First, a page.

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Administration drops logging plan
Won't pursue effort to ease salmon protections on national forest land
Herald and News 11/21/07
GRANTS PASS (AP) - The Bush administration has abandoned efforts pushed by the timber industry to allow more logging around salmon streams on Northwest national forests.
The administration's motion to withdraw an appeal of a lawsuit brought by salmon advocates to reinstate what is known as the Aquatic Conservation Strategy of the Northwest Forest Plan was approved Tuesday by the 9th U.S. Circuit Court of Appeals.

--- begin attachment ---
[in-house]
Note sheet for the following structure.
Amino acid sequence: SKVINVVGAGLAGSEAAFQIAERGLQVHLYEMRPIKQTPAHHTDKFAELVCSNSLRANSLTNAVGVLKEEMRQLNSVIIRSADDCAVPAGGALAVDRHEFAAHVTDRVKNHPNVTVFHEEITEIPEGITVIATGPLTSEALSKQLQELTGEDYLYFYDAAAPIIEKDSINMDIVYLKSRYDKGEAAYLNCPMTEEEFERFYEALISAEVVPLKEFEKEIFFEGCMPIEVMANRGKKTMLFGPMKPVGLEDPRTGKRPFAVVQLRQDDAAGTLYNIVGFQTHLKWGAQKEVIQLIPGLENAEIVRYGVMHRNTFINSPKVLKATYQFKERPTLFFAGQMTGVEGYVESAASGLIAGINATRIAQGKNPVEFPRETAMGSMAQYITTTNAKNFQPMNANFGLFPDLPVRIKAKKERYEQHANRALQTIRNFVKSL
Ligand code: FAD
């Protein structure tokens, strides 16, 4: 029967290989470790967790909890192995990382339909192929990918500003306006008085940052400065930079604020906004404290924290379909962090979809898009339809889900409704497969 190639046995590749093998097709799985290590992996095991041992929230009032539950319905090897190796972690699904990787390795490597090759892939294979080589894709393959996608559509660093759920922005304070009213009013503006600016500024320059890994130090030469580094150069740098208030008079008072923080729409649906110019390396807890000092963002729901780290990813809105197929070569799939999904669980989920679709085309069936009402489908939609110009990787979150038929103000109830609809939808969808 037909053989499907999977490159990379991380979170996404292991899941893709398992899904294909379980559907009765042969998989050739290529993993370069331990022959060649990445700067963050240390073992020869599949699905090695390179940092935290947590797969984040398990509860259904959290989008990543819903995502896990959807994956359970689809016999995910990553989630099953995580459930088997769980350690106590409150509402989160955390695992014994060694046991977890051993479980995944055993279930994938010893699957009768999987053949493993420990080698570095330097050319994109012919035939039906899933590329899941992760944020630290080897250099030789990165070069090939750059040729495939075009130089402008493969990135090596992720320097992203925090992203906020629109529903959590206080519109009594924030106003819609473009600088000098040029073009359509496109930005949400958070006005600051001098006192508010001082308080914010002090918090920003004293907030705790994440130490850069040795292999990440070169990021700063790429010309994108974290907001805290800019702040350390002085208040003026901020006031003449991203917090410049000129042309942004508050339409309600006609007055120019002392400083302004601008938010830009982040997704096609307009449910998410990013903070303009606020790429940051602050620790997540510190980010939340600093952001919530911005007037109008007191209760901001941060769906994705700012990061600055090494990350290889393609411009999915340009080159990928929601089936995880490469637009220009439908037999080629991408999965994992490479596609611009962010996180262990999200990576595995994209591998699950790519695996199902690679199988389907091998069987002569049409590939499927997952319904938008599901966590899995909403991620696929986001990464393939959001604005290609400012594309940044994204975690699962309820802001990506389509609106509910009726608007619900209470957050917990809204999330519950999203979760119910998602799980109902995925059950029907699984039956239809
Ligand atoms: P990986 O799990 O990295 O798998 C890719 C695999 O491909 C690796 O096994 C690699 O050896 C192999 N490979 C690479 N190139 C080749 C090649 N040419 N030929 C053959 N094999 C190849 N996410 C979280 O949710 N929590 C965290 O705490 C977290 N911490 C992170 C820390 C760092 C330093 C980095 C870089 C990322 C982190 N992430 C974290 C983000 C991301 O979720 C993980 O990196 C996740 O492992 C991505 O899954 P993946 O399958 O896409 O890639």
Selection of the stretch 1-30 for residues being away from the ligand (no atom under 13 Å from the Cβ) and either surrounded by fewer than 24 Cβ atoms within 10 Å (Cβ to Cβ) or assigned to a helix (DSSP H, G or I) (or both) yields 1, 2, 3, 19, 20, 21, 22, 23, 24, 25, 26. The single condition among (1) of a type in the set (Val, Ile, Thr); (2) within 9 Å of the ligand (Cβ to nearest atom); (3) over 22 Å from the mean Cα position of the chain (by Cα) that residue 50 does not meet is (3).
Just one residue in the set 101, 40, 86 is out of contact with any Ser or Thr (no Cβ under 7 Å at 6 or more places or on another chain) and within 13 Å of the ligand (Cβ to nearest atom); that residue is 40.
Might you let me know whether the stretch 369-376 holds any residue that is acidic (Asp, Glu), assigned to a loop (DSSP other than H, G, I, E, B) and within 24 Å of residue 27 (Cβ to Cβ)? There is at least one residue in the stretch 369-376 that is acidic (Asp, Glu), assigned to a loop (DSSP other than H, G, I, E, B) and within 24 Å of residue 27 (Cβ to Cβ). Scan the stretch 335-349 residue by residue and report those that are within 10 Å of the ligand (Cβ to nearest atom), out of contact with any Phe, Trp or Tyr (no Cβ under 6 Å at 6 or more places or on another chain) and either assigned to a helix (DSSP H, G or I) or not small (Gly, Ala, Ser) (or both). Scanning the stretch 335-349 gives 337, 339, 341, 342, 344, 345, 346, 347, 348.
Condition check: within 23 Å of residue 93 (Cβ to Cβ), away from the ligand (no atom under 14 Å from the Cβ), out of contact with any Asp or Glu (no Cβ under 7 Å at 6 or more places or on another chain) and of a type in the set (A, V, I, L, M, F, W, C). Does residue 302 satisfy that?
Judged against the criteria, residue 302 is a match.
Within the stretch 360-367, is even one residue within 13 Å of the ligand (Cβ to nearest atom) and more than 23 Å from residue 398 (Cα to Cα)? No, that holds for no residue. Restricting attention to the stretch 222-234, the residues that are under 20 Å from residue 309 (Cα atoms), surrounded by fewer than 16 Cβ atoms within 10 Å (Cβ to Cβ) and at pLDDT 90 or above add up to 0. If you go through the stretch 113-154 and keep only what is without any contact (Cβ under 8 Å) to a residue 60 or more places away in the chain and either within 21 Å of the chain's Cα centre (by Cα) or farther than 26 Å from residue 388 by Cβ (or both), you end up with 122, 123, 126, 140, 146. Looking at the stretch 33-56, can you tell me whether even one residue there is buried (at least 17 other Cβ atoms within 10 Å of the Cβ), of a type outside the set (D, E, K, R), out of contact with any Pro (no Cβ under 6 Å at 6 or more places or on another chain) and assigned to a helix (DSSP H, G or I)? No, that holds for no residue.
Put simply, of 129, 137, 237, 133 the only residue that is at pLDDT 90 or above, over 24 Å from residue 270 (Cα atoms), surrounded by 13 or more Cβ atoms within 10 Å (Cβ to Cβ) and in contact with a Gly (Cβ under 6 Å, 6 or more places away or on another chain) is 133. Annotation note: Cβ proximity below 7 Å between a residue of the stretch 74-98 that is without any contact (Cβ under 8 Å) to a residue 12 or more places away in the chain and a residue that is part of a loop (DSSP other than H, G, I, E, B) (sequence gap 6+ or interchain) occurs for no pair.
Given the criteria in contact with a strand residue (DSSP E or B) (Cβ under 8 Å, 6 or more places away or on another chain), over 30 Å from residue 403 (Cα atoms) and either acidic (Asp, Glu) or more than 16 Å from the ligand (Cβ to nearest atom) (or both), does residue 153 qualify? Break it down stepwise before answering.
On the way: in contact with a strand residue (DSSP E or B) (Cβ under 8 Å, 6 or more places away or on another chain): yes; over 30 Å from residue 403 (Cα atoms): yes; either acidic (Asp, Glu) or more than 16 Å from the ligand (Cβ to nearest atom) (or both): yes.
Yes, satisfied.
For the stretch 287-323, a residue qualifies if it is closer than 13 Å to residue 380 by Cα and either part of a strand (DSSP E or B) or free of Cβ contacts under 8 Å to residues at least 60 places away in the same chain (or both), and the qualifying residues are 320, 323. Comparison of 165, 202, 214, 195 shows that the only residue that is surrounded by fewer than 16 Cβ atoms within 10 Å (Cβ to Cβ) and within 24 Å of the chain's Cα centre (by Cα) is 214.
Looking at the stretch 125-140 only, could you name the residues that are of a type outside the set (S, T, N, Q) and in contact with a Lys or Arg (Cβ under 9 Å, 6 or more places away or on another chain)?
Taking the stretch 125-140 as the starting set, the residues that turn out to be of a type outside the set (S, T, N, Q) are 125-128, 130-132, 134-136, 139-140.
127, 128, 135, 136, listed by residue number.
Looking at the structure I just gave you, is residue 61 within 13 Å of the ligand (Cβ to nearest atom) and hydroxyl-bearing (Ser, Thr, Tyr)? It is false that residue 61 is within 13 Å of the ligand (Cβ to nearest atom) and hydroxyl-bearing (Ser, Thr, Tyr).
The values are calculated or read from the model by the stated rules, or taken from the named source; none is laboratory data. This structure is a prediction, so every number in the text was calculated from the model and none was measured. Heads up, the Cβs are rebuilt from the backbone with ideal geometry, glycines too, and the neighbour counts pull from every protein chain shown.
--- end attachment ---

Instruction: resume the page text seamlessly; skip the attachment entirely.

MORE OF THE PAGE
Last April, a federal judge ruled that the Bush administration illegally suppressed and misrepresented the views of scientists who objected to revising the salmon protections.
Under the conservation strategy, before federal agencies could approve logging, road-building or other projects, they had to determine that the projects would not harm salmon streams. It had held up logging on 4 million acres. The revision speeded consideration of logging projects and called for protecting watersheds as a whole, rather than individual streams.
The Northwest Forest Plan was adopted in 1994, to resolve lawsuits demanding protection for old-growth forests where the northern spotted owl lives. It cut logging by more than 80 percent.
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